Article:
Mountain Iron uses optical scanning, so the Coleman campaign asked for a copy of the tape documenting the ballots cast on election night. St. Louis County responded by providing a tape that includes the newly-added 100 votes, and is dated November 2--the Sunday before the election. St. Louis County reportedly denies being able to produce the genuine tape from election night, even though Minnesota law, as I understand it, requires that tape to be signed by the election judges and publicly displayed.

Nov 7, 2008 6:21 pm US/Central
Most Senate Undervote In Ballots From Obama Turf
ST. PAUL (AP) ― An Associated Press analysis of the nearly 25,000-vote difference in presidential and Senate race tallies shows that most ballots lacking a recorded Minnesota Senate vote were cast in counties won by Democrat Barack Obama.

The finding could have implications for Republican Sen. Norm Coleman and Democrat Al Franken, who are headed for a recount separated by the thinnest of margins -- a couple hundred votes, or about 0.01 percent.

Though some voters may have intentionally bypassed the race, others may have mismarked their ballot or optical scanning machines may have misread them. A recount due to begin Nov. 19 will use manual inspection to detect such ballots.

Three counties -- Hennepin, Ramsey and St. Louis -- account for 10,540 votes in the dropoff between the two races. Each saw Obama win with 63 percent or more...

...There's one more critical statistic: About 8,900 people weren't recorded as voting for president, according to county-by-county turnout estimates kept by the Secretary of State. That nearly 9,000 people would skip the closely watched race is questionable, raising the possibility that as many as 33,700 ballots might be subject to change in a hand recount.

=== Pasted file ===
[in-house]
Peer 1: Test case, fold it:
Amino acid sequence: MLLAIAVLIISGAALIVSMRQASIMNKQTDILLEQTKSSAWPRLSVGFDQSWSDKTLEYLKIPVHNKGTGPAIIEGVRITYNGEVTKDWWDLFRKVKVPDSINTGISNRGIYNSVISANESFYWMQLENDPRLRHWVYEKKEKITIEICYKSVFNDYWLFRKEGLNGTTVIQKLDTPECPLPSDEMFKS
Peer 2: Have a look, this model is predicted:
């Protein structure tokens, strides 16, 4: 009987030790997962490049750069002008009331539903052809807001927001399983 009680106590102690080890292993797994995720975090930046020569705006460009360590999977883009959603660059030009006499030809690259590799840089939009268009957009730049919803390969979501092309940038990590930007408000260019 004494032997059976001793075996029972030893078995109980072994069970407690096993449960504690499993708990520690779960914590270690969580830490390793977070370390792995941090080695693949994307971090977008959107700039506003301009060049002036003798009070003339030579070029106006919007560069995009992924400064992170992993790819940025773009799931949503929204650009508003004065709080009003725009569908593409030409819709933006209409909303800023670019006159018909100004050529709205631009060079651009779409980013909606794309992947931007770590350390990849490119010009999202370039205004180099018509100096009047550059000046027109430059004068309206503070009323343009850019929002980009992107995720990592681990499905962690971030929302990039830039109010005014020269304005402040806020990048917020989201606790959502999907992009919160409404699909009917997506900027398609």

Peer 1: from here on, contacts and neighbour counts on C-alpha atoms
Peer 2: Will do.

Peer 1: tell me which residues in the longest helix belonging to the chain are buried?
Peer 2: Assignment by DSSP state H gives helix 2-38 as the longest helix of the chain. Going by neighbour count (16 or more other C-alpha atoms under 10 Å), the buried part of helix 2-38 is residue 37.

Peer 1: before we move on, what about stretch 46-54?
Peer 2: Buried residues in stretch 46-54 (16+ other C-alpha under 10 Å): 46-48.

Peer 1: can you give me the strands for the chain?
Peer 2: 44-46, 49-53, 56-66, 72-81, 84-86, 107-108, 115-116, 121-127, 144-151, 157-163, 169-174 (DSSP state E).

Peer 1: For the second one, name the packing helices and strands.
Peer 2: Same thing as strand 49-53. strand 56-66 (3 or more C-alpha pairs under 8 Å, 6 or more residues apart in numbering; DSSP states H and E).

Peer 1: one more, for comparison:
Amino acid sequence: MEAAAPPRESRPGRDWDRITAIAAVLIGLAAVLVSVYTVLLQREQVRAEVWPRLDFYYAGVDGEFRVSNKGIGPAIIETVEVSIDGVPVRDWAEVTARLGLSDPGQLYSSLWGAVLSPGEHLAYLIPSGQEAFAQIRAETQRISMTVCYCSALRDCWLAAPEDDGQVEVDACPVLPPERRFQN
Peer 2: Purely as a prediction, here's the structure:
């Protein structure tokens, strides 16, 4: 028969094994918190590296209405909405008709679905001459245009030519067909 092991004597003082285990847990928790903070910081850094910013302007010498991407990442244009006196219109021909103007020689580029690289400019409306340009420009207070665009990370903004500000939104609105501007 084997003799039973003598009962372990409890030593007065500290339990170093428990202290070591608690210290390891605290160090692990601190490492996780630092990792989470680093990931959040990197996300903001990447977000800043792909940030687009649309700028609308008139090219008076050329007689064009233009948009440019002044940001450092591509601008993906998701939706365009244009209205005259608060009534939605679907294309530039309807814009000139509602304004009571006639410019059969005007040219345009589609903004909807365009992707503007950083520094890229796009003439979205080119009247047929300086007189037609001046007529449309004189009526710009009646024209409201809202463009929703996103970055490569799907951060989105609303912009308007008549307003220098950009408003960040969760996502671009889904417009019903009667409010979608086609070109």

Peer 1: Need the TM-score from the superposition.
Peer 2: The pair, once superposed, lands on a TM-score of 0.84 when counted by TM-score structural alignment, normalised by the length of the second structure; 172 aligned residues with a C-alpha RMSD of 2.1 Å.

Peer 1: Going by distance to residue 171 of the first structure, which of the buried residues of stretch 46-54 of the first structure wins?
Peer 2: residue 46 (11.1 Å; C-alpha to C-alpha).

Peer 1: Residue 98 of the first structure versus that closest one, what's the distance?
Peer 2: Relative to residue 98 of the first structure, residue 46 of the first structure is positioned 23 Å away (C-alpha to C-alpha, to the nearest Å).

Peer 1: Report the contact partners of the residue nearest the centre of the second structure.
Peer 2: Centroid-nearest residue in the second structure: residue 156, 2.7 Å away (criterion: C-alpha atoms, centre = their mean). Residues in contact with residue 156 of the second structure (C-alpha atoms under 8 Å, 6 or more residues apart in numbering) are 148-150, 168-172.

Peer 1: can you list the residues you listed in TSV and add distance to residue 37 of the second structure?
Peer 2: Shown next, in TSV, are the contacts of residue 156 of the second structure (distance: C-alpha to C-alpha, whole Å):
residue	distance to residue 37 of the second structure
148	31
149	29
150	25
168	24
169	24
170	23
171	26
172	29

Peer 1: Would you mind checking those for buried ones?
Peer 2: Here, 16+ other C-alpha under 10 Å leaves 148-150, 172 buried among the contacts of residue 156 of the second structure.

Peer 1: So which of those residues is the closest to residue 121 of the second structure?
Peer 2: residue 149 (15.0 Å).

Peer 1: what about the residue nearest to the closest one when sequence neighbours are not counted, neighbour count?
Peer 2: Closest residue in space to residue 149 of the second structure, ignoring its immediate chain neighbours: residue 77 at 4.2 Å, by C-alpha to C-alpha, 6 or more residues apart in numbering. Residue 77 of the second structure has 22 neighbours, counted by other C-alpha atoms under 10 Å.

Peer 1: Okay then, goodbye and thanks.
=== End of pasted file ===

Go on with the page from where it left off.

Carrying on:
Minnesota ballots are fed into optical scanners, which depend on voters filling in ovals to make their choice.

Kim Brace, president of the consulting firm Election Data Services Inc., said there's no reason a ballot without a vote for a particular race would be rejected.

"Usually they're set to kick back to the voter if there is an overvote," said Brace, who has been an expert witness in court cases stemming from disputed elections. "But in most instances they're not set to kick back to the voter if there is an undervote. After all, the public has a right to not vote for somebody for a particular office."

What recount teams will be looking for is whether stray or light marks on ballots signaled a voters' preference.

Secretary of State Mark Ritchie, a Democrat, said any process involving humans and machines is subject to error.

"Humans are marking ballots and some humans may not have pressed hard enough in the oval so the machine may not have caught their ballot's intention," Ritchie said. "The recount is designed to make sure every eligible ballot is included."

Michael Shamos, a Carnegie Mellon University computer science professor who studies election systems, said the dropoff didn't strike him as suspiciously large.

"All that means to me is they consider the presidential race more important than the Senate race," he said. "They either didn't make up their mind. They didn't care. They didn't make a mark in that race."

To be sure, similar dropoffs have happened in the past.

In 2000, the last year with both races on Minnesota's ballot, about 19,000 presidential voters were not recorded as casting a Senate vote. Fewer people voted that year, making the dropout rate similar to this year's.

No comments: